Back on June 15, 1976, as the first wave of MLB serfs-in-spikes was about to hit the open market under the original rules of free agency, a commissioner’s decision cited as “in the best interests of baseball” was made by then-commissioner Bowie Kuhn. Commissioner Bud Selig should have repeated that veto power with the Yankees and A.J. Burnett.
Yep. This would be the opening paragraph of Richard Griffin’s column in the Sunday edition of the Toronto Star, calling on Bud Selig to veto last week’s trade between the New York Yankees and Pittsburgh Pirates because . . . because . . . because . . .
I’m not really sure why.
I think it has something to do with this:
With A.J. coming off an 18-win, 231 strikeout season, the Yanks outbid all comers. They offered an outrageous five years and $88.5 million for a guy who was barely .500 and has always required the presence of better pitchers on his own staff to be most effective.
The commissioner’s office should consider how that bad Burnett contract impacted other similar free agents in the winter of 2008-09 and the next off-season and how it had a negative trickle down effect that hurt small market teams like Pittsburgh.
That would actually be five years and $82.5 million, and the Yankees were far from being the only team that offered Burnett a five year deal, but that’s really neither here nor there for what Brien Jackson of It’s About The Money Stupid, refers to a “precious example of mindless Yankee hating.”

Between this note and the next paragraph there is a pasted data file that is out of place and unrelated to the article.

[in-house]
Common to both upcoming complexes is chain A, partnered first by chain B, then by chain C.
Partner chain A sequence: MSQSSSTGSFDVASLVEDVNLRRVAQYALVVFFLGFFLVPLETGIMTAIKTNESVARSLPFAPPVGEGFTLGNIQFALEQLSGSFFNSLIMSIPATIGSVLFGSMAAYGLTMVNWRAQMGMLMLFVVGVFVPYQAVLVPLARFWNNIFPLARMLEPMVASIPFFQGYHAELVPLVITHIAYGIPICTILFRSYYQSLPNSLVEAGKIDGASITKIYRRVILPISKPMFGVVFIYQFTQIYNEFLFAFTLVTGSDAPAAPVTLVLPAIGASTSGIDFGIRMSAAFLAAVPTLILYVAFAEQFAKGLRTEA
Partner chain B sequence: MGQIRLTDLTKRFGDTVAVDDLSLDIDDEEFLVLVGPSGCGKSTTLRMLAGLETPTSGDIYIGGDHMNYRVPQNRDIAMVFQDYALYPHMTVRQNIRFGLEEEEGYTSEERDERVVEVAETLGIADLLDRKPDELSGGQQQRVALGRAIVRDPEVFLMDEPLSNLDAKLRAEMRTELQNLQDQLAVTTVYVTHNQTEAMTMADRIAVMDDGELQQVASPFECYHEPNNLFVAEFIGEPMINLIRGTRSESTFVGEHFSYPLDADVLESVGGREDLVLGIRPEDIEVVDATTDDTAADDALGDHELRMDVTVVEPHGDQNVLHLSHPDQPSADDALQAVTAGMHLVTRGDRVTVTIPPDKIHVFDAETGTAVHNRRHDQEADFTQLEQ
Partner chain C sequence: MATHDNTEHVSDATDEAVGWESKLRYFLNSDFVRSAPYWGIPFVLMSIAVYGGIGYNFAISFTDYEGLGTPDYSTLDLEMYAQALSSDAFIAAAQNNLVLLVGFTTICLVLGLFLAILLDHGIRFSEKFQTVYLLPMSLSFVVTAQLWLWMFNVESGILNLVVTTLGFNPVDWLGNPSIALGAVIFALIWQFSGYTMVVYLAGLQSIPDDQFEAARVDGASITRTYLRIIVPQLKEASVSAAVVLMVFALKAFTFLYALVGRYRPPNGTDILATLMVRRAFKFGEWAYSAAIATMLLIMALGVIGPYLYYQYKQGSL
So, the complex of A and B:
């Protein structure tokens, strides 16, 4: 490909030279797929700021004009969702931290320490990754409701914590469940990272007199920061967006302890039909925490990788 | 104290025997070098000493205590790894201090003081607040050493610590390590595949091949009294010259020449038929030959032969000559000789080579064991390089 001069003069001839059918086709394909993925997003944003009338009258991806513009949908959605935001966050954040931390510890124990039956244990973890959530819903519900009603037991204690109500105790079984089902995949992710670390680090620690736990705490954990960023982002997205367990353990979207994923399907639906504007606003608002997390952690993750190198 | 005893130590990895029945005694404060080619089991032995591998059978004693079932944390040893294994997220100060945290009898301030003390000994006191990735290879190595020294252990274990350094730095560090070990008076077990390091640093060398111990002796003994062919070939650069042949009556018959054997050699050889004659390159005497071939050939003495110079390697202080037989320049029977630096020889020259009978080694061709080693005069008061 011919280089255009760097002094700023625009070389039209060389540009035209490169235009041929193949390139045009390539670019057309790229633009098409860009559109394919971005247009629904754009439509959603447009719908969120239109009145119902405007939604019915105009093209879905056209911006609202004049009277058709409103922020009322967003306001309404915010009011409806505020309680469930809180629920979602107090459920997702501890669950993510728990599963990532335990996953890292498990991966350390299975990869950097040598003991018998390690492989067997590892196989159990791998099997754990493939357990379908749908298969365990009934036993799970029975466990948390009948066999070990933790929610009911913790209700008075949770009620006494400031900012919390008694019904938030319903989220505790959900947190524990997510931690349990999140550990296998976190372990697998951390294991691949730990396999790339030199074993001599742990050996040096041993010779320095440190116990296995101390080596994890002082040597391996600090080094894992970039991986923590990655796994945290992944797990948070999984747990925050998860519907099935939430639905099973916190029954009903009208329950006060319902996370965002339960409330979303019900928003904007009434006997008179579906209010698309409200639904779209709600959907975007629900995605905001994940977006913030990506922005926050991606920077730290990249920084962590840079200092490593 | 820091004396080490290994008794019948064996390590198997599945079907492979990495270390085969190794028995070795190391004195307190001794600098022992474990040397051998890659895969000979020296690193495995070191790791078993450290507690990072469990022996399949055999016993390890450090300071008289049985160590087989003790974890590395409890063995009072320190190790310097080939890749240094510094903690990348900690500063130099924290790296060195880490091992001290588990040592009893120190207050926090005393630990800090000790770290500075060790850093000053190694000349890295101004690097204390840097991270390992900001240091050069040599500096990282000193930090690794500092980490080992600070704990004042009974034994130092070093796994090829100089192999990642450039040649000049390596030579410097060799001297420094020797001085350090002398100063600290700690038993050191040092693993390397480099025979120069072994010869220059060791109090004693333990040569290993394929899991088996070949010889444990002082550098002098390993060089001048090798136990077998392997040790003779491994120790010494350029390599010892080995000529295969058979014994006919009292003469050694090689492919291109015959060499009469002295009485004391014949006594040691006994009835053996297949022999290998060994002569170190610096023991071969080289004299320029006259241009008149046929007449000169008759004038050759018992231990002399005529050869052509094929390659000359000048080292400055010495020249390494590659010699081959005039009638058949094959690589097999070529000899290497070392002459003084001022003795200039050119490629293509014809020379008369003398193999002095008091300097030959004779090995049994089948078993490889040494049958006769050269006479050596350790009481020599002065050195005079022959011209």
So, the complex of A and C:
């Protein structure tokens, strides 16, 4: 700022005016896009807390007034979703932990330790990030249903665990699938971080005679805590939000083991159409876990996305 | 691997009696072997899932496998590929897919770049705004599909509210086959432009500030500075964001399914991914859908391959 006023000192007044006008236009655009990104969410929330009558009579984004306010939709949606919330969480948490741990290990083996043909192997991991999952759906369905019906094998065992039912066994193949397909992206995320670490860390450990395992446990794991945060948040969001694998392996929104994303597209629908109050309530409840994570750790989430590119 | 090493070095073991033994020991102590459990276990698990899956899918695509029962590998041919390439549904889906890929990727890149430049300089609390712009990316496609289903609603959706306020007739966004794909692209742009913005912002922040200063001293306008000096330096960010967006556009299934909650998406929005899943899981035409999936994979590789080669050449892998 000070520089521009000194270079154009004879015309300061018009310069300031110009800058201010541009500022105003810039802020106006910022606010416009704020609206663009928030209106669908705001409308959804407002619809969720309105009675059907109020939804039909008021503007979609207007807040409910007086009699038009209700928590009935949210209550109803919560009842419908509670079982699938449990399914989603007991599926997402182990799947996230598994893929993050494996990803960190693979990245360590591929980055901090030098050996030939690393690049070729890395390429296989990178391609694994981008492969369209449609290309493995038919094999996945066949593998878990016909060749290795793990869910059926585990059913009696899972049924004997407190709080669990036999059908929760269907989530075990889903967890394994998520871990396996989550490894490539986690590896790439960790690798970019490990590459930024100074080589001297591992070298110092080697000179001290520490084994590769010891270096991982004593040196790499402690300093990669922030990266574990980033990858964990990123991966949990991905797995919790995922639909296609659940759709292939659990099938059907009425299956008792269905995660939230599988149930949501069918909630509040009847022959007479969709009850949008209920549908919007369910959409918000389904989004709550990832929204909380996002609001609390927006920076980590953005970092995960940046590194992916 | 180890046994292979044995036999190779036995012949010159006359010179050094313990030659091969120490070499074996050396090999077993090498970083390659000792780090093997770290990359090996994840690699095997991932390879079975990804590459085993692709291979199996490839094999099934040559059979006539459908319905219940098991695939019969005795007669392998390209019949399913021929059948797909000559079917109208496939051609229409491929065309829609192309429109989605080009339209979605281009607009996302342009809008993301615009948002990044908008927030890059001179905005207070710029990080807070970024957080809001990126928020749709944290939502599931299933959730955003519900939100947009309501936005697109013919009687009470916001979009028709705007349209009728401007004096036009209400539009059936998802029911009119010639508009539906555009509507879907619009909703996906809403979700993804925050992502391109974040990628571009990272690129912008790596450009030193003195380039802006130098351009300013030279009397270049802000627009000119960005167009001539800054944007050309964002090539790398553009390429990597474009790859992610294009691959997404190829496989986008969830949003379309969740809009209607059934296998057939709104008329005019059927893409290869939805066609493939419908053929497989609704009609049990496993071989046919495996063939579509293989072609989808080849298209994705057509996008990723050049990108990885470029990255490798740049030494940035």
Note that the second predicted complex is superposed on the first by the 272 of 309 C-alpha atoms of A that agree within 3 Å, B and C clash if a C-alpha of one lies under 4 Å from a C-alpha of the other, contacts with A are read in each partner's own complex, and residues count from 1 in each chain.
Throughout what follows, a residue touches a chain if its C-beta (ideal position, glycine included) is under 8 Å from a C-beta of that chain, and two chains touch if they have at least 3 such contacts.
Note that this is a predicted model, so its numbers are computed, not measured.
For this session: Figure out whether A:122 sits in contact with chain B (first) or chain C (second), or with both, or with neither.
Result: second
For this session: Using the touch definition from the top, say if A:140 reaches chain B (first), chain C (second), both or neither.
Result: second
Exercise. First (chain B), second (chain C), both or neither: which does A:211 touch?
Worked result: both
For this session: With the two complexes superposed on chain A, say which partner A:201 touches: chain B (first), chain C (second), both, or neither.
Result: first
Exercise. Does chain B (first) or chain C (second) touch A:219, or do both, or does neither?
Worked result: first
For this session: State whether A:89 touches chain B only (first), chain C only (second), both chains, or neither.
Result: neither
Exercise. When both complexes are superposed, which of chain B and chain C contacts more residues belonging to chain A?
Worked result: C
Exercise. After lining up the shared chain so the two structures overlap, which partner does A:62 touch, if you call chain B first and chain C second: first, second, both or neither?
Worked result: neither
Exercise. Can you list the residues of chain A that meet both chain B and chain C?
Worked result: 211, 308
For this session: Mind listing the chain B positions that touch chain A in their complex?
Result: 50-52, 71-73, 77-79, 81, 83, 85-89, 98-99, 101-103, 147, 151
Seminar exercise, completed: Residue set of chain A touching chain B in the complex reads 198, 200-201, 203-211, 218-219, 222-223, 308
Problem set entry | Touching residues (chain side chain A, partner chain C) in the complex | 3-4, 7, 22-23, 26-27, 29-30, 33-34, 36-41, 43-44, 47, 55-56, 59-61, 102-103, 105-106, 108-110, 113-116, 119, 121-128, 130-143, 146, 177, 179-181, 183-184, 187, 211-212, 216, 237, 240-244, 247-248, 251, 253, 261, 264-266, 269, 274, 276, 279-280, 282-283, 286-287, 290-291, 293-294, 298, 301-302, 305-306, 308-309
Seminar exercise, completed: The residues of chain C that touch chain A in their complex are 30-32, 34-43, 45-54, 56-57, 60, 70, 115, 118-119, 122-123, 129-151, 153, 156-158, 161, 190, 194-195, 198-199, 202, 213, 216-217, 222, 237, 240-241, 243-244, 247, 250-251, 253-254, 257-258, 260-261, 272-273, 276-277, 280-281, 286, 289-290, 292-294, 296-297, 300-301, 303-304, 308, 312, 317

The crux of Griffin’s argument is that New York can do whatever it wants because of its vasts amounts of money, and the Burnett trade is the perfect example of the disparity in baseball caused by finances.
I would suggest that the Burnett trade is a far better example of MLB’s luxury tax system at work. The Yankees can easily afford to have both Burnett and Raul Ibanez on their roster this coming season, and they’d likely be a slightly better team for it. However, the organization wants to keep their payroll from being outrageously taxed, so in order to do that, they moved Burnett and a portion of his salary in order to finance the Ibanez acquisition and reduce their payroll.
A far better case for Griffin’s thesis would’ve occurred if the Yankees had merely held on to Burnett and use him as a swingman out of the bullpen while continuing to pay the entirety of his salary, or if New York had put even more money in the deal to sweeten the pot in return for higher ceiling prospects.
As it stands, there’s absolutely nothing shady about the Yankees trading Burnett. Whereas, Jackson reminds us that there’s a whole lot of shady business involved in the commissioner of baseball stepping in to suppress free agent salaries.
It would be totally illegal. Not just illegal in an “against the rules of baseball sense,” but illegal in a “violates federal law and would result in Major League Baseball paying millions of dollars in damages” illegal.